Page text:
At that point he decided he needed to get back to Texas and recover his embodied state. He returned to the hospital and “began one of the strangest searches that can ever have taken place: the search for myself. From one ward to another of that enormous complex I rushed, pausing in each small room, stooping over the occupant of the bed, hurrying on” (p. 42). In time he found the room where his body lay—though the face was covered he knew it because of a distinctive ring on his left hand. He realized that others thought he was “dead” but he really wasn’t! While trying to get back into his body, the room suddenly turned bright—“it was like a million welders’ lamps all blazing at once” (p. 48). The light was not an “it” but a “He,” a Man who was clearly “the Son of God” (p. 49). This was not the Jesus he’d heard about (with considerable disinterest) in Sunday school! He was powerful. And He “loved me” (p. 49). In that moment he envisioned all the details of his 20 years on earth. And the question from the Light was: “What did you do with your life?” (p. 52). He realized that he’d lived, almost exclusively, for himself. Though he had professed a faith in Jesus as a child, he hadn’t really sought to serve Him. He realized that a life rightly lived was a life consumed by love.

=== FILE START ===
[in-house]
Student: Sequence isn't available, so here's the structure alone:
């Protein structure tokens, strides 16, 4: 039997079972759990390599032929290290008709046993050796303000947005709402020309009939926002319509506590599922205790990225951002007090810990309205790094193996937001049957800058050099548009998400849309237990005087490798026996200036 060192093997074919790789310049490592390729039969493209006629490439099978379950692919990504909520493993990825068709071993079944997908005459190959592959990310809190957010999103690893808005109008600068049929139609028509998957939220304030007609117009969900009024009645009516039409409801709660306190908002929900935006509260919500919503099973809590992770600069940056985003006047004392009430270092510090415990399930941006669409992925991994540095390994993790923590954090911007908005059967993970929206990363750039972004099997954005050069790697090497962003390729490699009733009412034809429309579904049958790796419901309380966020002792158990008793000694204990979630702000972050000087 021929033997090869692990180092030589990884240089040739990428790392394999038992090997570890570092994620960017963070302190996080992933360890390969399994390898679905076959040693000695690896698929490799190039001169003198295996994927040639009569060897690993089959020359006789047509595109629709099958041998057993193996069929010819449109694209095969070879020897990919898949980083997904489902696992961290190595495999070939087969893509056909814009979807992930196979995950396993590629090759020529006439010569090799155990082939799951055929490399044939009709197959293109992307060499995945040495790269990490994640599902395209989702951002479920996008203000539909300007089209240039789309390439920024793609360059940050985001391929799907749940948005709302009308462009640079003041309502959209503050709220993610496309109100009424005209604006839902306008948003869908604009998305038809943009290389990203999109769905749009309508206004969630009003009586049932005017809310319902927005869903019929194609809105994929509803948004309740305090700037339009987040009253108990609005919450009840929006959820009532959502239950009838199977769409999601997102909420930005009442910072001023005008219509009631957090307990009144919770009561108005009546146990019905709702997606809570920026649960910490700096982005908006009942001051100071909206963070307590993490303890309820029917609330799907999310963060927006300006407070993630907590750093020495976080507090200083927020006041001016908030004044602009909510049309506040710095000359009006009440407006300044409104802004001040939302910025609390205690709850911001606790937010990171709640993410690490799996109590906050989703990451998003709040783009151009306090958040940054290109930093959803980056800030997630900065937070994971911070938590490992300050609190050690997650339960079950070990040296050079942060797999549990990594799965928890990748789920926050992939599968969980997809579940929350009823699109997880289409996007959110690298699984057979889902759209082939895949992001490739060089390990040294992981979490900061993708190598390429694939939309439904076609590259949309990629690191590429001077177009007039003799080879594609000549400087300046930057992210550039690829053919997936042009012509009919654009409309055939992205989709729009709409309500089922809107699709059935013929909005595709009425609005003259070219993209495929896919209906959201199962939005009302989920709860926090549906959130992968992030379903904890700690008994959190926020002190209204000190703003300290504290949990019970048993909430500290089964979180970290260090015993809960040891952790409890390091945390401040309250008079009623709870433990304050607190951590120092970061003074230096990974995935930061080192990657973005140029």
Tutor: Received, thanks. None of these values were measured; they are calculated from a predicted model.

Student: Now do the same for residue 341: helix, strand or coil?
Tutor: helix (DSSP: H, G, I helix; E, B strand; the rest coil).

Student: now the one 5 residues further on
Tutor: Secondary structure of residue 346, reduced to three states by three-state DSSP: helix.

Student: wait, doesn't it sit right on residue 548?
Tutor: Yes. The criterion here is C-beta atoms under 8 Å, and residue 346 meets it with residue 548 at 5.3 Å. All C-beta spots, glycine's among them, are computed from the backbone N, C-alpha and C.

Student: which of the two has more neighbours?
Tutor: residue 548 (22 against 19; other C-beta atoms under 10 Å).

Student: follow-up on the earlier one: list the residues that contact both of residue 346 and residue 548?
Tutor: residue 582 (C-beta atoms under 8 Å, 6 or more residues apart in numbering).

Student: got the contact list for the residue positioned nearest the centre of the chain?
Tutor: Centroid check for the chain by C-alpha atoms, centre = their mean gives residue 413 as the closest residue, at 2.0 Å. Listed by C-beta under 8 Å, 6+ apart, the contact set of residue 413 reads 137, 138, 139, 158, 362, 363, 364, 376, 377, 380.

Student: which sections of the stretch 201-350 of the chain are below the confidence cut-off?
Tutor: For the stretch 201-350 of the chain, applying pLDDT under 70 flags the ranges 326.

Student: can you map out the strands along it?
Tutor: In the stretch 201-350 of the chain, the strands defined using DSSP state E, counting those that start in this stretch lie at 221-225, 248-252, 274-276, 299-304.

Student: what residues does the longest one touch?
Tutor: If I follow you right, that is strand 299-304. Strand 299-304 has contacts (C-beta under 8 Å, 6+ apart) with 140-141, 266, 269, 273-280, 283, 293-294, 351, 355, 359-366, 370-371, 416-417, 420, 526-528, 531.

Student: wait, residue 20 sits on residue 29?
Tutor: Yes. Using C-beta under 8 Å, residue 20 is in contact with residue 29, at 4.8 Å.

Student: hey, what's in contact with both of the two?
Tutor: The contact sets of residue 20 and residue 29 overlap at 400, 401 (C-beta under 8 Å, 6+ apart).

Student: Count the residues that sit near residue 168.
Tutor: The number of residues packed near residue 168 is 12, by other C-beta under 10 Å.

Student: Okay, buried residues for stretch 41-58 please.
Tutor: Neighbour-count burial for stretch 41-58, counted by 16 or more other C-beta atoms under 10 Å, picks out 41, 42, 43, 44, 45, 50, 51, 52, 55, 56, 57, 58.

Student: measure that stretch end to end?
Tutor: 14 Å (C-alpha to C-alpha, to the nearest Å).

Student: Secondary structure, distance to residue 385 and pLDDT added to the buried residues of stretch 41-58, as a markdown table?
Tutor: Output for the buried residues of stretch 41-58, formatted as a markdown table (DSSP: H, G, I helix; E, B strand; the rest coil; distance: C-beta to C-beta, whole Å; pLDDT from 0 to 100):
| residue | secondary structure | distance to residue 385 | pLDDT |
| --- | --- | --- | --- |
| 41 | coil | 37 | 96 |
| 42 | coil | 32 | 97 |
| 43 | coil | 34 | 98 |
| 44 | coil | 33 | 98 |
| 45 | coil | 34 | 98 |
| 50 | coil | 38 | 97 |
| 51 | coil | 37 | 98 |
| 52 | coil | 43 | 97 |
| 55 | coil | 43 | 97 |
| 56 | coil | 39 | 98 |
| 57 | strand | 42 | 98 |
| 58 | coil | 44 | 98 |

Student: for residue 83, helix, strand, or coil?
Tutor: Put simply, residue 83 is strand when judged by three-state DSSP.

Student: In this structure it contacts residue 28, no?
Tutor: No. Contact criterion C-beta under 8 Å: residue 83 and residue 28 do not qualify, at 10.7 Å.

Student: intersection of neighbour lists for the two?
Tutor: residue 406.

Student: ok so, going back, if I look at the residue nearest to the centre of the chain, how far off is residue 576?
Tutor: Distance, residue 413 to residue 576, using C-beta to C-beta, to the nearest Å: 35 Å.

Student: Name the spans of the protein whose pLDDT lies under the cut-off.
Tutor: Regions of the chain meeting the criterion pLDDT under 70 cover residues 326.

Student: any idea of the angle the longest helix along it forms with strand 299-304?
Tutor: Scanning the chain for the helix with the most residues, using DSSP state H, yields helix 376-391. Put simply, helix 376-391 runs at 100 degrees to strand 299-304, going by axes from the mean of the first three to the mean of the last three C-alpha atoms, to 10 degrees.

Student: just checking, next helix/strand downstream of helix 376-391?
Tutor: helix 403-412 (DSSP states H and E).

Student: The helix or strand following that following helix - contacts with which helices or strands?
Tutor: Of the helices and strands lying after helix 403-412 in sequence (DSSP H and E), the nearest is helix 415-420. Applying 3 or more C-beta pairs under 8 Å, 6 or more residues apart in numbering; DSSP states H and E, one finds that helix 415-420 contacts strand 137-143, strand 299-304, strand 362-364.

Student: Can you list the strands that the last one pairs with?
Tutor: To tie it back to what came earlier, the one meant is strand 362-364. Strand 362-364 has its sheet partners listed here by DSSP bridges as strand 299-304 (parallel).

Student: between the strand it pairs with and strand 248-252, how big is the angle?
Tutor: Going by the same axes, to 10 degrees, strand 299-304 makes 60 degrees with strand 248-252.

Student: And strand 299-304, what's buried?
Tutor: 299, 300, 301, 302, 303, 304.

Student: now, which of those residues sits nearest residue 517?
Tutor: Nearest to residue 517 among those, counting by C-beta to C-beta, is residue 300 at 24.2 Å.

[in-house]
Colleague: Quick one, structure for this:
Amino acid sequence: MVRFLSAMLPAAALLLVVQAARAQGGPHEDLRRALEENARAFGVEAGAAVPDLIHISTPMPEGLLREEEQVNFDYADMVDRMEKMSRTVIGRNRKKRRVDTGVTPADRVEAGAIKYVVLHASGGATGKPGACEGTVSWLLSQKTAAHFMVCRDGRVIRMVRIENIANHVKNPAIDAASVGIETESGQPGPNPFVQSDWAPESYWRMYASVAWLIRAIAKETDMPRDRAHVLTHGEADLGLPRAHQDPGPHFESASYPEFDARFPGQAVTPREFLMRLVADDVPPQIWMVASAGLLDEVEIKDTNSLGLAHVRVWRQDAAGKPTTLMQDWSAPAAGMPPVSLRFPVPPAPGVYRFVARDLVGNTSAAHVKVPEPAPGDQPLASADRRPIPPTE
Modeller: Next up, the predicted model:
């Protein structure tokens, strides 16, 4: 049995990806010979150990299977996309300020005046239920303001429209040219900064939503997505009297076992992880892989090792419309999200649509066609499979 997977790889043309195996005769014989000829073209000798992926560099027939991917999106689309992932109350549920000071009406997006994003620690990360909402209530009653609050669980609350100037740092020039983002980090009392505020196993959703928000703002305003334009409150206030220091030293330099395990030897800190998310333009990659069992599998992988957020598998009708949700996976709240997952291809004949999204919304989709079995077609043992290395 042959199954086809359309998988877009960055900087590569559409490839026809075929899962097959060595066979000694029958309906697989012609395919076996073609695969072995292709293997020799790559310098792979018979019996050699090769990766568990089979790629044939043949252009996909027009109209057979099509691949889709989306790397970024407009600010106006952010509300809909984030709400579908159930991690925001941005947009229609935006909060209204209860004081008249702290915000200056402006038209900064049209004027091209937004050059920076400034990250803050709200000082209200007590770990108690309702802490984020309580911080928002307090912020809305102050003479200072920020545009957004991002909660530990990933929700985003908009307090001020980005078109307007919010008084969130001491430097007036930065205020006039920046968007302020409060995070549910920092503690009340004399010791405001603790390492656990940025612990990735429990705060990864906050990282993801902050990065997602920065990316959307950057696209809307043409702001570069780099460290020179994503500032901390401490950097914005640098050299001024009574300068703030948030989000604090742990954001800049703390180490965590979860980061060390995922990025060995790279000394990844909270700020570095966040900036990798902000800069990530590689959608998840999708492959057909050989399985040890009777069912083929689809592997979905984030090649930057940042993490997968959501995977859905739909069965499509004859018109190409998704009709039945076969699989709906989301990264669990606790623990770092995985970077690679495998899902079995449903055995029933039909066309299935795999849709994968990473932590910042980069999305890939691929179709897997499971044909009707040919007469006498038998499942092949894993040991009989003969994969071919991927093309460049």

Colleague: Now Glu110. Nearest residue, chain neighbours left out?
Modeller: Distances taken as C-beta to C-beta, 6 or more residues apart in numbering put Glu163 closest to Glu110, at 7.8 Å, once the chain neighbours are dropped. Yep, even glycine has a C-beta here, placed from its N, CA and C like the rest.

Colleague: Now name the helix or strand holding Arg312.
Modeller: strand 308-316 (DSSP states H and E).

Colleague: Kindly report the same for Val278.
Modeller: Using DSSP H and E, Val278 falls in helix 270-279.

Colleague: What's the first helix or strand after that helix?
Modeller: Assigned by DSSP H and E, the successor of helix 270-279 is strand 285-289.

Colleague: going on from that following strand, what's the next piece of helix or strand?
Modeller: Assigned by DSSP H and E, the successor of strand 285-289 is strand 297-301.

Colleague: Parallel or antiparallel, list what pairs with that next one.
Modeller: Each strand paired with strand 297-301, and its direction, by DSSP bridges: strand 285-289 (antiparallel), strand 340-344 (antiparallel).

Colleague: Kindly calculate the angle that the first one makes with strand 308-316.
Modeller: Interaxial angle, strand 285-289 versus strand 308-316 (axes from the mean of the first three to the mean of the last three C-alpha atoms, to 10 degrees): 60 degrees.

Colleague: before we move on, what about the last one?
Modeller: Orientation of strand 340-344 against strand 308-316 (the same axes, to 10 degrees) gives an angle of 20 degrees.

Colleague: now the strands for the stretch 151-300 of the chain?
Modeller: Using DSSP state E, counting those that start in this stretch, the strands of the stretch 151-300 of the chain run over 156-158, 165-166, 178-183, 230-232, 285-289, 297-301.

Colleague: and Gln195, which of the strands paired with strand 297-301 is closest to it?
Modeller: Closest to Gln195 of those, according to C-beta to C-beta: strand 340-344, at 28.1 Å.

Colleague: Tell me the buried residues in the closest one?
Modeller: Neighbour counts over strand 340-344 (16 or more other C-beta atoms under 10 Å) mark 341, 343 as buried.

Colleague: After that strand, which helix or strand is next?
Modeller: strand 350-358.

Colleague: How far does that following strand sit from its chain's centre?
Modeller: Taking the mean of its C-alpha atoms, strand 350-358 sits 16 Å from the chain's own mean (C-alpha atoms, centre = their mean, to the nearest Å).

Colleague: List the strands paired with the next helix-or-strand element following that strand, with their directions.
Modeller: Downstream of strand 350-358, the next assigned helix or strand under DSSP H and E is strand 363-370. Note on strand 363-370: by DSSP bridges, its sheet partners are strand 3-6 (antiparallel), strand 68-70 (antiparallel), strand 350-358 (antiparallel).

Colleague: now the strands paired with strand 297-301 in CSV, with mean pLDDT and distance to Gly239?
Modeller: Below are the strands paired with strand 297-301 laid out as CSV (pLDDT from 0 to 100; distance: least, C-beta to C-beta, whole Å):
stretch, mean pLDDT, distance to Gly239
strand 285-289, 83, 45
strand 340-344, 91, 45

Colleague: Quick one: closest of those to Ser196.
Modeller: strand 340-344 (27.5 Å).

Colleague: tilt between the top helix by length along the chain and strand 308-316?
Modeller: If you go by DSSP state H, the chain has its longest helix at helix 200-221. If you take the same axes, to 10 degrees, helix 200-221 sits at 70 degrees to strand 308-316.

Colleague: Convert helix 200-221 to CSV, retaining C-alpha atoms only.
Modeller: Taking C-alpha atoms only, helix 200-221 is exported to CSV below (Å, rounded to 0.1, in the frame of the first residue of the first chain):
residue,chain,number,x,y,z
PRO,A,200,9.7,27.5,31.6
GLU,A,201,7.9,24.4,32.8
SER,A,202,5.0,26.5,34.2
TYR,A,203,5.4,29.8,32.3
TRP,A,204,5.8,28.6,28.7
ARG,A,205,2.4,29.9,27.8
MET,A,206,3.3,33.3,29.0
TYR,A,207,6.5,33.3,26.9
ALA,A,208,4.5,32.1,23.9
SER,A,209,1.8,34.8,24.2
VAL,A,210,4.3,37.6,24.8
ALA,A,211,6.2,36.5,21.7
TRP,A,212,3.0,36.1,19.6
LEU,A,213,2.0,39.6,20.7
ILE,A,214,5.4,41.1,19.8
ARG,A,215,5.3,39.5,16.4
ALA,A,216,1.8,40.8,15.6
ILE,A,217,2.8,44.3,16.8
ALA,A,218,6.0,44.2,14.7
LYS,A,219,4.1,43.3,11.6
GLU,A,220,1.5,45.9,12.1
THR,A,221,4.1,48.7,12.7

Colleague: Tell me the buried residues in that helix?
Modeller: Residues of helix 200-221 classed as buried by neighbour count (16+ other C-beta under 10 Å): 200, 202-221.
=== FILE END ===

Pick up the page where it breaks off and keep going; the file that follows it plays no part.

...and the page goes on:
Thereafter Ritchie was taken on a journey that exposed him to various places inhabited by those who had died. He saw self-absorbed people, self-promoting and verbally vicious and vindictive people who had made their own hell—much like the folks in C.S. Lewis’s The Great Divorce. “With a feeling of sick familiarity I recognized here my own thinking” (p. 65). With Jesus beside him, he realized that Jesus had not “abandoned them, but they who had fled from the Light that showed up their darkness” (p. 66). Above all they had failed to see Him. Then he was taken to another kind of place where people peacefully studiously in an extensive library, engaged in a great project of some sort. They were “supremely self-forgetful” and thus utterly at peace. They were not yet in heaven, but “They grew and they have kept on growing” (p. 71). Finally, though at quite a distance, he was granted a glimpse of heaven itself. “At this time I had not yet read the book of Revelation. I could only gape in awe at this faraway spectacle, wondering how bright each building, each inhabitant, must be to be seen over so many light-years of distance. Could these radiant being, I wondered, amazed, be those who had indeed kept Jesus the focus of their lives?” (p. 72).